Innovation report on the microwave oven

In[36] some manufacturers began offering high power quartz halogen bulbs to their convection microwave models, marketing them under names such as "Speedcook", " Advantium ", "Lightwave" and "Optimawave" to emphasize their ability to cook food rapidly and with good browning.

A microwave oven does not pose this problem. Chemical exposure[ edit ] Some magnetrons have ceramic insulators with beryllium oxide beryllia added. Heating characteristics[ edit ] In addition to their use in heating food, microwave ovens are widely used for heating in industrial processes.

Additionally, microwaves can melt certain types of rocks, producing small quantities of molten rock. Penetration depth of microwaves is dependent on food composition and the frequency, with lower microwave frequencies longer wavelengths penetrating further.

Many molecules such as those of water are electric dipoles, meaning that they have a partial positive charge at one end and a partial negative charge at the other, and therefore rotate as they try to align themselves with the alternating electric field of the microwaves.

The other W are dissipated as heat, mostly in the magnetron tube. Some ceramics can also be melted, and may even become clear upon cooling. The boiling process can start explosively when the liquid is disturbed, such as when the user takes hold of the container to remove it from the oven or while adding solid ingredients such as powdered creamer or sugar.

Microwaving an individual smooth metal object without pointed ends, for example, a spoon or shallow metal pan, usually does not produce sparking. They do this by exploiting the properties of the electromagnetic radiation LSM modes.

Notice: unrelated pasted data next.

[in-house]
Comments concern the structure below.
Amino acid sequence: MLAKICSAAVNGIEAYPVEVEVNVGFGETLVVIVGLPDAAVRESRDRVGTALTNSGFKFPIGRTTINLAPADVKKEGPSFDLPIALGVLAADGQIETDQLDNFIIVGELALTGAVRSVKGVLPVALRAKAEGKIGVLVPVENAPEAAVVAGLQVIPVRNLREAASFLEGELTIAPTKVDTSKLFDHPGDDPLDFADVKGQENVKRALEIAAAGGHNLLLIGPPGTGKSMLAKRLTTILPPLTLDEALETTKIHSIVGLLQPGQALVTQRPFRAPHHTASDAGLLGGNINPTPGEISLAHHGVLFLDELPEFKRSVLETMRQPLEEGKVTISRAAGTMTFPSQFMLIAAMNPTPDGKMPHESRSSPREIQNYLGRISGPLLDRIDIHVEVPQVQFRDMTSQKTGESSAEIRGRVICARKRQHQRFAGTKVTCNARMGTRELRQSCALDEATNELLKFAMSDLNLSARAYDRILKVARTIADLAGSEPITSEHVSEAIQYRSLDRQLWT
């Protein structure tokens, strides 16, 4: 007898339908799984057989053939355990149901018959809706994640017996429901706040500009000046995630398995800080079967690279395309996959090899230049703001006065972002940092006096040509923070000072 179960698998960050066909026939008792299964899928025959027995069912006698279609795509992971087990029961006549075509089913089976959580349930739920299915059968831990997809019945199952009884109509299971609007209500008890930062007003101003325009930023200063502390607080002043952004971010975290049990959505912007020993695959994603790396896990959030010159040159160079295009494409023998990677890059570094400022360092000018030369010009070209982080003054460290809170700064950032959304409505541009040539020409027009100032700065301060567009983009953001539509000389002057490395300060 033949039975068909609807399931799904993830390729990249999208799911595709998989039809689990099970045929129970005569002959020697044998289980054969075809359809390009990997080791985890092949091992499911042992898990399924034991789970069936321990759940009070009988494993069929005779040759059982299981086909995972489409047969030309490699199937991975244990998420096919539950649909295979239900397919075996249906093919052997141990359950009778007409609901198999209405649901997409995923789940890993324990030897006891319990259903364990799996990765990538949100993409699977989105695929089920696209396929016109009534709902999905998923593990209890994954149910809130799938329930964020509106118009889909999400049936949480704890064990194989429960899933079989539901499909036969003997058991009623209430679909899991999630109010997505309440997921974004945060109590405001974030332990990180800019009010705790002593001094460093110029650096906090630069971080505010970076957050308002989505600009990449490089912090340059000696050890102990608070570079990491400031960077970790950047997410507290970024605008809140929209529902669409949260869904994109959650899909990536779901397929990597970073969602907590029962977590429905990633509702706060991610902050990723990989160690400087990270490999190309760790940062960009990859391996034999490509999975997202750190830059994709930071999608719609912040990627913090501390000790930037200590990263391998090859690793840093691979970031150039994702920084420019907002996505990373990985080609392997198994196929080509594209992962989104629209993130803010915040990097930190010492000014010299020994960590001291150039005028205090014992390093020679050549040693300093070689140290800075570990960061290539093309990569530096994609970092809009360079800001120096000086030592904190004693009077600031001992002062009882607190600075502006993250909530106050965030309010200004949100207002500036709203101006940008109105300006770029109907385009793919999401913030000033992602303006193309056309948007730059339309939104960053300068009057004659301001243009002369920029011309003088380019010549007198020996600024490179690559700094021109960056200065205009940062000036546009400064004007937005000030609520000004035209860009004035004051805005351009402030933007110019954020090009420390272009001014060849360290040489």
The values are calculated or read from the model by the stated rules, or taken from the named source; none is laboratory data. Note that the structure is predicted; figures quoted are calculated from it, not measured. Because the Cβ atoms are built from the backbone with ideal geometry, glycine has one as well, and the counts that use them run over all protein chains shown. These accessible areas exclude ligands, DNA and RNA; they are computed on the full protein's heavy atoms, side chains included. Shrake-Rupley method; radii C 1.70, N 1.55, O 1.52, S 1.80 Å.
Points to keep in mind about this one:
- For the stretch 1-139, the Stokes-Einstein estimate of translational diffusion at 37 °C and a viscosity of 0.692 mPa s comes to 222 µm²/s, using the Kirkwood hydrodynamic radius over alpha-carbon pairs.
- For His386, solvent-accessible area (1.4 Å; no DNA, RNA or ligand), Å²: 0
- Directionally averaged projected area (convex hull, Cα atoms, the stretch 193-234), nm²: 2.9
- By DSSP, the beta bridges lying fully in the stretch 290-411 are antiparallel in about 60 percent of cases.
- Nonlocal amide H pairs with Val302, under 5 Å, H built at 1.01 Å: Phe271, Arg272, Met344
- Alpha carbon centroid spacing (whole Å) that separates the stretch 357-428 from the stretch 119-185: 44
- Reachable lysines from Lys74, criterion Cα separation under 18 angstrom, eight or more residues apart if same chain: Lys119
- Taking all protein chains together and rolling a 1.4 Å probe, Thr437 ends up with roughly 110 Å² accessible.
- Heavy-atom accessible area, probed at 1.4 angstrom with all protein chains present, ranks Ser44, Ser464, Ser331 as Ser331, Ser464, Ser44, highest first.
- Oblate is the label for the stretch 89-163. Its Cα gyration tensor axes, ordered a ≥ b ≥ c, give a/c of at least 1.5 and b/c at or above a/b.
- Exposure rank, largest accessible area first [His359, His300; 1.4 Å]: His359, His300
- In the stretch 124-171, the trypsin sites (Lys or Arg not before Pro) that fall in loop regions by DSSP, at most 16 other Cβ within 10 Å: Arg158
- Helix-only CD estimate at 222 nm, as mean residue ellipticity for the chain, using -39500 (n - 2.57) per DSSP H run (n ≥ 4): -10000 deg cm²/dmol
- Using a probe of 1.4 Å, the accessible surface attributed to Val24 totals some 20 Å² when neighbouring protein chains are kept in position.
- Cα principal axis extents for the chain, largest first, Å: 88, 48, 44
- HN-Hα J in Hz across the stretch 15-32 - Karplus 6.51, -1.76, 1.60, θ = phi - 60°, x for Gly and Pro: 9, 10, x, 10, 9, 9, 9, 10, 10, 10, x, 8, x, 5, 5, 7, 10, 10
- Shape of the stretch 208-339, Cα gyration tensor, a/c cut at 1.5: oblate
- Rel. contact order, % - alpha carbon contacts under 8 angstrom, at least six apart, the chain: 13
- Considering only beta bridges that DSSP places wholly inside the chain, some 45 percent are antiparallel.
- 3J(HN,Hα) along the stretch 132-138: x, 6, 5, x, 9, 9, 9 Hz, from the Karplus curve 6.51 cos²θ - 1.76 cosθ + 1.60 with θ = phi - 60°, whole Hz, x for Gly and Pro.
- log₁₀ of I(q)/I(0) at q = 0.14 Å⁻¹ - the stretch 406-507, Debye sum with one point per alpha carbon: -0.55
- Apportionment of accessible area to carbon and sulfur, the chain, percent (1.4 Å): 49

Such ceramic patches affixed to cardboard are positioned next to the food, and are typically smokey blue or gray in colour, usually making them easily identifiable; the cardboard sleeves included with Hot Pocketswhich have a silver surface on the inside, are a good example of such packaging.

Microwavable cardboard packaging may also contain overhead ceramic patches which function in the same way. There are microwave ovens on the market that allow full-power defrosting.

LSM full-power defrosting may actually achieve more even results than slow defrosting.

Microwave oven

A microwave oven with a metal shelf It is possible for metal objects to be microwave-oven compatible, although experimentation by users is not encouraged.

In order to aid browningsometimes an accessory browning tray is used, usually composed of glass or porcelain. When dielectric breakdown occurs in air, some ozone and nitrogen oxides are formed, both of which are unhealthy in large quantities.

Microwave ovens

In a similar way, the interior wall plates with perforating holes which allow light and air into the oven, and allow interior-viewing through the oven door, are all made of conductive metal formed in a safe shape.The Appliances report contains a summary of purchase volume in units for a variety of ranges, cooktops, wall ovens, refrigerators, freezers, washers, dryers and other appliances in each of the 50 states.

By that point, people were calling Spencer's invention the "microwave oven" (eventually to be shortened to simply, "microwave"), and adoption skyrocketed around the world. Innovation Report on the Microwave Oven Words | 6 Pages.

restaurants, offices and homes.

This Oven Could Change How We Cook

At present, it is safe to say most families, over 95% of American households, own a microwave oven. A microwave oven (also commonly referred to as a microwave) is an electric oven that heats and cooks food by exposing it to electromagnetic radiation in the microwave frequency range.

This induces polar molecules in the food to rotate and produce thermal energy in a process known as dielectric heating. Transcript of The Invention and Innovations of the Microwave By: Nick Herrington and TJ (the awesome) Kilcullen The Invention and Innovation of the Microwave Percy Spencer was the inventor of the Microwave Oven in the year A microwave oven is a relatively small, boxlike oven that raises the temperature of food by subjecting it to a high-frequency electromagnetic field.

Cooking Through the Ages: A Timeline of Oven Inventions

The microwaves are absorbed by water, fats, sugars, and certain other molecules, whose consequent vibrations produce heat.

Innovation report on the microwave oven
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